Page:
National University of Singapore (NUS) communications and new media lecturer Byungho Park says how a person processes information depends on many things, but 'one of the major factors is a person's predisposition'.
Some experts believe that younger people, who grew up with the Internet, are the most vulnerable to being swayed by ideas received online because they believe they can 'Google' their way to solutions for most of life's problems.
Professor Jerrold Post, a former CIA profiler who directs the political psychology programme at George Washington University, says their failure to approach online information in a critical way is 'especially troubling' because it coincides with that period in their young lives when they want to rebel against authority.
BANNING terrorist websites seems the most obvious way to tackle the threat of self-radicalisation, but new media experts doubt it will prove effective.
The Media Development Authority has drawn up a list of 100 sites, including pornographic and extremist sites, that it requires the three Internet service providers to block access to.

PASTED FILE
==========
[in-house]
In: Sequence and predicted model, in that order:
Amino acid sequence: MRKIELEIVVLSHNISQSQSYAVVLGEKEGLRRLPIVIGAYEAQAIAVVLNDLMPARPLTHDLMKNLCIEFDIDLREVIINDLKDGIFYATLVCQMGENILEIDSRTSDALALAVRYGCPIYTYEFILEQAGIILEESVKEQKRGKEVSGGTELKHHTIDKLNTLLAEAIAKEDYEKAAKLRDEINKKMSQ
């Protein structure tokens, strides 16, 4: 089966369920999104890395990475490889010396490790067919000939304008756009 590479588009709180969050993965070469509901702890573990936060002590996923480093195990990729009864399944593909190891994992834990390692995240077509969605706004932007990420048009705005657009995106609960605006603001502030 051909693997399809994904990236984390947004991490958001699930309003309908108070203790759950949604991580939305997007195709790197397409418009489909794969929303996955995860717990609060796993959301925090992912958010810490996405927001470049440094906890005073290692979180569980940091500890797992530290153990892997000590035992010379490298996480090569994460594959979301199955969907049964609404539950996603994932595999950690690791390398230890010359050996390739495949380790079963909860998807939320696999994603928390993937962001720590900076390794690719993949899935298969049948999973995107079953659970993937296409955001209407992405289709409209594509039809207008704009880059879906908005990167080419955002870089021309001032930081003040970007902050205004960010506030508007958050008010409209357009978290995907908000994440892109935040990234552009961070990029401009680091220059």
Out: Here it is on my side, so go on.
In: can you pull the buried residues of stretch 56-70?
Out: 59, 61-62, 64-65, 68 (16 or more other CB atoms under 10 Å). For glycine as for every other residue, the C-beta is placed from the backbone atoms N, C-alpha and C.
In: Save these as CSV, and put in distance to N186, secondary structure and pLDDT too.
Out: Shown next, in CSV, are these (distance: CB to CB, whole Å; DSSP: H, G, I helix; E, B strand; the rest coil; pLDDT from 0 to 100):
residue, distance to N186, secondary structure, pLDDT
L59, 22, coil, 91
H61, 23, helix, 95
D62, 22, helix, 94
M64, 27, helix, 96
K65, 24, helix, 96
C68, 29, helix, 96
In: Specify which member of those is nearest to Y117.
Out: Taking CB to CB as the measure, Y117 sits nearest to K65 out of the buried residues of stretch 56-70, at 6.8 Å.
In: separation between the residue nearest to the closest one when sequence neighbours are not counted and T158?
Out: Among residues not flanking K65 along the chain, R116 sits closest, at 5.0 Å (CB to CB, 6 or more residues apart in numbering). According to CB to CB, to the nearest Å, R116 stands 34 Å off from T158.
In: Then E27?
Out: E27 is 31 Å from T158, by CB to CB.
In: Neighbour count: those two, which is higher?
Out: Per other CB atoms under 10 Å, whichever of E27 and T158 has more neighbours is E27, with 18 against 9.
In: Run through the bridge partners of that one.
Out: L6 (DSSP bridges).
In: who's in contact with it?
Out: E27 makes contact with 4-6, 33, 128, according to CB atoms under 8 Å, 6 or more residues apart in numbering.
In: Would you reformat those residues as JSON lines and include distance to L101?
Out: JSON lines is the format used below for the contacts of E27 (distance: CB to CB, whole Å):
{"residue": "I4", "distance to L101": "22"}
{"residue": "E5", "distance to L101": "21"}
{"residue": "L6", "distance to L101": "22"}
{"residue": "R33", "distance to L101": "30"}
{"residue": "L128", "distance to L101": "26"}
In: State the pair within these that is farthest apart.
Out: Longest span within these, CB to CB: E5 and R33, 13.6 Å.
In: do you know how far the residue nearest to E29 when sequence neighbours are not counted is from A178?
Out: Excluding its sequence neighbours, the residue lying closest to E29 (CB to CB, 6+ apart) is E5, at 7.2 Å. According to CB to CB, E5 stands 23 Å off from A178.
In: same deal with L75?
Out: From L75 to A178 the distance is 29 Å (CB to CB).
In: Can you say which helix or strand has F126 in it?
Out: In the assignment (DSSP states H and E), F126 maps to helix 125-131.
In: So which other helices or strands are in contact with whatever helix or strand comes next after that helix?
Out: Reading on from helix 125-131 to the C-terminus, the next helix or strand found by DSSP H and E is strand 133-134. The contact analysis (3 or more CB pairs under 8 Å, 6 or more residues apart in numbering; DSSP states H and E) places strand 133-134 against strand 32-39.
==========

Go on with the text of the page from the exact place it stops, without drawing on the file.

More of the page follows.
NUS new media lecturer Lim Sun Sun says whatever filtering or blocking devices used 'will invariably be outpaced by the ferocious rate at which content is created' and innovations dreamed up to circumvent censorship.
Counter-terrorism groups are experimenting with other methods, including setting up counter-ideology sites and entering chatrooms to rebut radical ideas.
Beyond such external checks, the challenge before society today is how best to educate the young about the pros and cons of the Internet in a way that inoculates them against the new disease of self-radicalisation.
Work on such media literacy programmes is still in the early stages but has the potential to make a significant difference in the battle for hearts and minds.
Says Dr Park: 'It boils down to the person's predisposition. For those without a certain inclination, media literacy will provide them with the tools to protect themselves from accepting whatever is out there online.'
And the battle in winning over those already predisposed? It might be better tackled the old-fashioned way: intelligence from others around them to spot the tell-tale signs and counselling them before it is too late.